Bortezomib Prunes Inflammatory T Cells: Hope for Inflammatory Diseases that Make the Young Old and Make the Old Want to Die
A fairly new drug in the proteasome inhibitor class, Bortezomib, is used to treat a cancer of the bone marrow cells, multiple myeloma. But now, scientists have discovered a new use for Bortezomib: killing off active and proliferating T cells that cause so much damage in inflammatory diseases -- while leaving the resting T cells alone.
Those looking for a new treatment for a range of inflammatory diseases like arthritis, multiple sclerosis, inflammatory bowel disease, and lupus may need to look no further than a drug already available for treating cancer. In a research report published in the July 2010 print issue of the Journal of Leukocyte Biology (http://www.jleukbio.org), Japanese scientists use mice to show that bortezomib, currently used to treat cancers that affect white blood cells, induces cell death only in harmful (active and proliferating) T cells, leaving the rest unharmed. If the results prove true in humans, it offers hope that this drugs or others similar to it might be used to treat inflammatory diseases without the side effects of current drugs that affect all T cells equally.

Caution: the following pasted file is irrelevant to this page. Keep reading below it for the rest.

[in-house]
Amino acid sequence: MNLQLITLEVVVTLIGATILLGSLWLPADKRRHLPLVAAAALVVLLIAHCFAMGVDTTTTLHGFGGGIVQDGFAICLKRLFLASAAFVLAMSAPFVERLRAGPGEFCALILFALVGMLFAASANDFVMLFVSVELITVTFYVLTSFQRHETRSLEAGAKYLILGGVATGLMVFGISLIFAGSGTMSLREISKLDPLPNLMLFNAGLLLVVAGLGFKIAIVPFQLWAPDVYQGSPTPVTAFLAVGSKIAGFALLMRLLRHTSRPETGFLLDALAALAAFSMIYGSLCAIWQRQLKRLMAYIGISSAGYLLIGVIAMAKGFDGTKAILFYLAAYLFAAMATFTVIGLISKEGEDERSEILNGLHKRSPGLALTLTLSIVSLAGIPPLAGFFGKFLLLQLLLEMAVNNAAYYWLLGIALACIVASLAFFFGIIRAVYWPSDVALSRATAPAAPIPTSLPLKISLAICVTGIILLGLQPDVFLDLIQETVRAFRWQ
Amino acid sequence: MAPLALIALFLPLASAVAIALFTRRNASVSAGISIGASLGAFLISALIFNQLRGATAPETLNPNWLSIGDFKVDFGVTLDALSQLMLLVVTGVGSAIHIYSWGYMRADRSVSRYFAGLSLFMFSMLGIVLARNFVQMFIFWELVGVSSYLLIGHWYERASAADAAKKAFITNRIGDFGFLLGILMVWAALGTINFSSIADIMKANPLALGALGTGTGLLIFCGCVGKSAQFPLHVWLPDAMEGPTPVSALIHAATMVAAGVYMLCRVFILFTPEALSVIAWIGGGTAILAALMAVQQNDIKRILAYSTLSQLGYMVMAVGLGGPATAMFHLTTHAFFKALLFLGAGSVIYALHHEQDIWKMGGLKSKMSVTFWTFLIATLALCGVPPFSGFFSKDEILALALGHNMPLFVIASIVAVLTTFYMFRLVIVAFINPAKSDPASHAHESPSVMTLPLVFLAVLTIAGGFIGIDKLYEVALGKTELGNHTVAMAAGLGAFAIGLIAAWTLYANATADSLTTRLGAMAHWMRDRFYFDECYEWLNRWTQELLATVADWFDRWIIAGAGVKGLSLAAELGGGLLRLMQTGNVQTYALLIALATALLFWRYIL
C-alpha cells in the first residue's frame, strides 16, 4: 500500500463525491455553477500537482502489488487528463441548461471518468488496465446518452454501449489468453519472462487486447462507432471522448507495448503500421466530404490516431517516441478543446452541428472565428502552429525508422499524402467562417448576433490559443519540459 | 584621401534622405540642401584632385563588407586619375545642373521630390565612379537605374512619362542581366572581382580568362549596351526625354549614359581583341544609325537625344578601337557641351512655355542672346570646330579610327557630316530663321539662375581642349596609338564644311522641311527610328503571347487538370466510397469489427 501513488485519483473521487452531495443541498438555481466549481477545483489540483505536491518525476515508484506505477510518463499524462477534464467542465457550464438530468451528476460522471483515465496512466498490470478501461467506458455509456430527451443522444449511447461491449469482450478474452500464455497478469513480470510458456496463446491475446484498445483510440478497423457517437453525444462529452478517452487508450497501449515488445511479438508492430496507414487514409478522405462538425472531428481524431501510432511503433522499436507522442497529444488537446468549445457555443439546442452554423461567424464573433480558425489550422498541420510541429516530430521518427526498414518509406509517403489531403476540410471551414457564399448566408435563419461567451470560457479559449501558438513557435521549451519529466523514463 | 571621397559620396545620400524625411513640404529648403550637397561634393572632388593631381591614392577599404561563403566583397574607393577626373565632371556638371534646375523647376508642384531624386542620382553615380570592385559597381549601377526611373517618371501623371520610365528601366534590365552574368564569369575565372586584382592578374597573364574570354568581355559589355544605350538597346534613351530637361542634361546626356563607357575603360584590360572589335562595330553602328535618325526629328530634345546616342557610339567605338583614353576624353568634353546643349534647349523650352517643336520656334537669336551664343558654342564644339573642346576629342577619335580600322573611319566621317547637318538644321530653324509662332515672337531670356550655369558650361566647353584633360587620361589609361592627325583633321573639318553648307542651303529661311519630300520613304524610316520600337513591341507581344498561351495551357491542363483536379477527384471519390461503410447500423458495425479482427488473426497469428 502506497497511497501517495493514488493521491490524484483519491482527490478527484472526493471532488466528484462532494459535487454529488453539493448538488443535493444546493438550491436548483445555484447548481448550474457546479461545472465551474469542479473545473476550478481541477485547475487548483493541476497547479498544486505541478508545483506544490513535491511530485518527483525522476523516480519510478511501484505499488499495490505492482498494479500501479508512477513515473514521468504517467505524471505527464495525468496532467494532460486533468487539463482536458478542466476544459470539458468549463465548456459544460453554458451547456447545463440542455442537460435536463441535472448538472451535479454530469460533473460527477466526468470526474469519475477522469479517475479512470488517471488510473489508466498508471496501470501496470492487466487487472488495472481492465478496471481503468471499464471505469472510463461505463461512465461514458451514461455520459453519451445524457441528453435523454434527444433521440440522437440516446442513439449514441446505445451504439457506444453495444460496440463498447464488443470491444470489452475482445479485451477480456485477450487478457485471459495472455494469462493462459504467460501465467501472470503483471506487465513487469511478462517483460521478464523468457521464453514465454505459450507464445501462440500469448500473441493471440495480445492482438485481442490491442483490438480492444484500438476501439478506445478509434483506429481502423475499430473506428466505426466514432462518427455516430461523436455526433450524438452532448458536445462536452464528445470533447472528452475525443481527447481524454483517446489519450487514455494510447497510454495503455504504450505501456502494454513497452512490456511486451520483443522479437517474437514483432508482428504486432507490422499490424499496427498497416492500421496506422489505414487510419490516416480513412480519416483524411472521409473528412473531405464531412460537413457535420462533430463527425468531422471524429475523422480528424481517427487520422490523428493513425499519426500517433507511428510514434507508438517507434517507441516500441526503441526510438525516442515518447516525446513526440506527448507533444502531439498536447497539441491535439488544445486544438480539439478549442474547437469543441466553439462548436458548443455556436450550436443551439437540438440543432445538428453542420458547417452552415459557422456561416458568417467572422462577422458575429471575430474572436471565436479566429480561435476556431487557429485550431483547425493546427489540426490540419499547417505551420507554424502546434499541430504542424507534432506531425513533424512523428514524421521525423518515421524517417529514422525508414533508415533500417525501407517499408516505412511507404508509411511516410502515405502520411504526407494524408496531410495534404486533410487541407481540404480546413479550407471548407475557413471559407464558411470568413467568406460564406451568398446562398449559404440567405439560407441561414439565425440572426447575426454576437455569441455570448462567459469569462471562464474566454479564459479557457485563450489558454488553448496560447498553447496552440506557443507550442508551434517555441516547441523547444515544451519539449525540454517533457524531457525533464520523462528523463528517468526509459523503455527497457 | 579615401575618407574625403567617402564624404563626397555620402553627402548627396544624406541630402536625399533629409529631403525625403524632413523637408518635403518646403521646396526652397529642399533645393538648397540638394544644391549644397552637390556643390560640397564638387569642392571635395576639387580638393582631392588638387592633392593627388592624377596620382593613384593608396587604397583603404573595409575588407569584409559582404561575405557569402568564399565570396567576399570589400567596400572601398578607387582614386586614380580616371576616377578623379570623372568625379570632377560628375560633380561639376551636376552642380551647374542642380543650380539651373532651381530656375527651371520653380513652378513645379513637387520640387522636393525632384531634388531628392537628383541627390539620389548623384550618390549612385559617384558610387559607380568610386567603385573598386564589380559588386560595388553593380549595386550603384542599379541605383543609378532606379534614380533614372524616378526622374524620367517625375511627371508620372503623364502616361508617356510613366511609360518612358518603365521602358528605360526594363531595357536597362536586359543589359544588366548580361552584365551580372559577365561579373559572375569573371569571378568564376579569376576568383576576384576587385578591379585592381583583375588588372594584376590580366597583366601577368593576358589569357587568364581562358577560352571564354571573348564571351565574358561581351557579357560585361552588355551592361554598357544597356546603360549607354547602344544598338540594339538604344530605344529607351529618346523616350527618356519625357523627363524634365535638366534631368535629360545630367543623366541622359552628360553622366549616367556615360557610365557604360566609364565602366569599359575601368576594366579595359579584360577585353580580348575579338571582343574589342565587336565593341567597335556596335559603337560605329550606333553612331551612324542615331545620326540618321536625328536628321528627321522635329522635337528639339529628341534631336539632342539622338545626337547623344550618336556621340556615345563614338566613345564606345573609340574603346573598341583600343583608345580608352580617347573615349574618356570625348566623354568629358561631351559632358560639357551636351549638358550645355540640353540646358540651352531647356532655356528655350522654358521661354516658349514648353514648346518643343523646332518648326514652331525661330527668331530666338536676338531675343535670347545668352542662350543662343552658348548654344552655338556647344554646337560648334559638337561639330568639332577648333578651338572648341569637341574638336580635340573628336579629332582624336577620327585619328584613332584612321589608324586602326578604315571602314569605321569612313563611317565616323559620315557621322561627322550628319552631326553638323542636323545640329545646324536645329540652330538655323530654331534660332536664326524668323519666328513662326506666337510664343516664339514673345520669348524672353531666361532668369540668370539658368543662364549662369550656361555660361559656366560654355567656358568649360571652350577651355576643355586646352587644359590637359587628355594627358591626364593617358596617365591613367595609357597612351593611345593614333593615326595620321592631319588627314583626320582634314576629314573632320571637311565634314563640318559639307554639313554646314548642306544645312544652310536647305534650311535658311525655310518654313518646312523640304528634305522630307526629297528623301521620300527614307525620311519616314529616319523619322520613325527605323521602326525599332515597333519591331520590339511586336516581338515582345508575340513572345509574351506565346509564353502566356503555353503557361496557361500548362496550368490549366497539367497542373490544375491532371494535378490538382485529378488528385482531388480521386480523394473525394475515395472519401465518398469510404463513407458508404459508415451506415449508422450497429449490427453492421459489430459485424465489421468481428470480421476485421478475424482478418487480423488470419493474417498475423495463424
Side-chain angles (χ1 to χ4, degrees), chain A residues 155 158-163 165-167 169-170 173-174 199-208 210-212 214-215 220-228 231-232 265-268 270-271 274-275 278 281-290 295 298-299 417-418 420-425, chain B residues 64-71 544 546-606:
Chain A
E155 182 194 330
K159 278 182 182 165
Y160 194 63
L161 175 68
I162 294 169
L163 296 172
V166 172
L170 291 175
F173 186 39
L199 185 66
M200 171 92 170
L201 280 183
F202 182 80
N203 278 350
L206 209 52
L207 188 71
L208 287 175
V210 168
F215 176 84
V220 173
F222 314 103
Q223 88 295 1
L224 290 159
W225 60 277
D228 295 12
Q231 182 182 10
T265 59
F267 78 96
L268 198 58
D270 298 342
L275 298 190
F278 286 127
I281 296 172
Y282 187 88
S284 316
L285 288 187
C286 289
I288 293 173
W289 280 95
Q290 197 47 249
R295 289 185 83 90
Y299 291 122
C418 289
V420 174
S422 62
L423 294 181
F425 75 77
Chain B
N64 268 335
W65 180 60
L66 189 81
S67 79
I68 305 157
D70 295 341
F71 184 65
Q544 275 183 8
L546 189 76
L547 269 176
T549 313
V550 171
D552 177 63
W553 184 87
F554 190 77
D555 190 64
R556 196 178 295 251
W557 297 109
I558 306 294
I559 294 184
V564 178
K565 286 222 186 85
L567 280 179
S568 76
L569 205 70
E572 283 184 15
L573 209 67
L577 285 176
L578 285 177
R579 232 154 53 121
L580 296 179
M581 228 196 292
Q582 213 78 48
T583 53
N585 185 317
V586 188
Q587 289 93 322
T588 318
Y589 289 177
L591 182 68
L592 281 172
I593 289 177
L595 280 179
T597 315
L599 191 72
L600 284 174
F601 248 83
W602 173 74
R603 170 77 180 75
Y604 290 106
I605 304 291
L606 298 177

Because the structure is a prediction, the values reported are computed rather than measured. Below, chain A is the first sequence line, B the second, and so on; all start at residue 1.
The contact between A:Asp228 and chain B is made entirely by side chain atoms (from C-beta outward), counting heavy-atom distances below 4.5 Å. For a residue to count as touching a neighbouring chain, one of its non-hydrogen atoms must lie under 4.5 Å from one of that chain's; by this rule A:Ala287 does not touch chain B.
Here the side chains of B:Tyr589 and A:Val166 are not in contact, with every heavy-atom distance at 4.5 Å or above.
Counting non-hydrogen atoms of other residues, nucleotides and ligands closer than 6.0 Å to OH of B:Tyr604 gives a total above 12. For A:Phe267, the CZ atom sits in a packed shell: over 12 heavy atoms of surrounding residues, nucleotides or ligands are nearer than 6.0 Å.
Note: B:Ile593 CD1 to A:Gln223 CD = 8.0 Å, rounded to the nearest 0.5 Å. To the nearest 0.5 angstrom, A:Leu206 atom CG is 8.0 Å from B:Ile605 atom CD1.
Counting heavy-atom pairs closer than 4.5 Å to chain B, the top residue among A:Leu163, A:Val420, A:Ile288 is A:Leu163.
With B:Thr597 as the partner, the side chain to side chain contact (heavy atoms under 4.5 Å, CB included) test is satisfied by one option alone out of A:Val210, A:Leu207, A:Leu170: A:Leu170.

"Unfortunately, there are a lot of people who are suffering from autoimmune and inflammatory disease," said Koichi Yanaba, M.D., Ph.D., a scientist from the Department of Dermatology at Nagasaki University Graduate School of Biomedical Sciences who was involved in the research. "We believe that this new-type remedy for autoimmune and inflammatory disease could successfully treat them in the near future."
To make this discovery, scientists used two groups of mice—the first treated with bortezomib and the second with saline. Researchers induced contact hypersensitivity reaction with oxazolone, a chemical allergen used for immunological experiments and found that bortezomib significantly inhibited the contact hypersensitivity responses. Results strongly suggest that bortezomib treatment enhanced T cell death by inhibiting NF-kappa B activation, which plays a key role in regulating the immune response to infection. This in turn led to the suppression of inflammatory responses in immune cells by reducing interferon-gamma production. _Eurekalert
Inflammation complicates many diseases of old age, including Alzheimer's, heart disease, lung and other respiratory diseases, digestive system diseases, and so on. Finding better and more specific treatments for blocking excessive inflammation while allowing normal immune function to continue, would extend life for many and reduce morbidity for many more.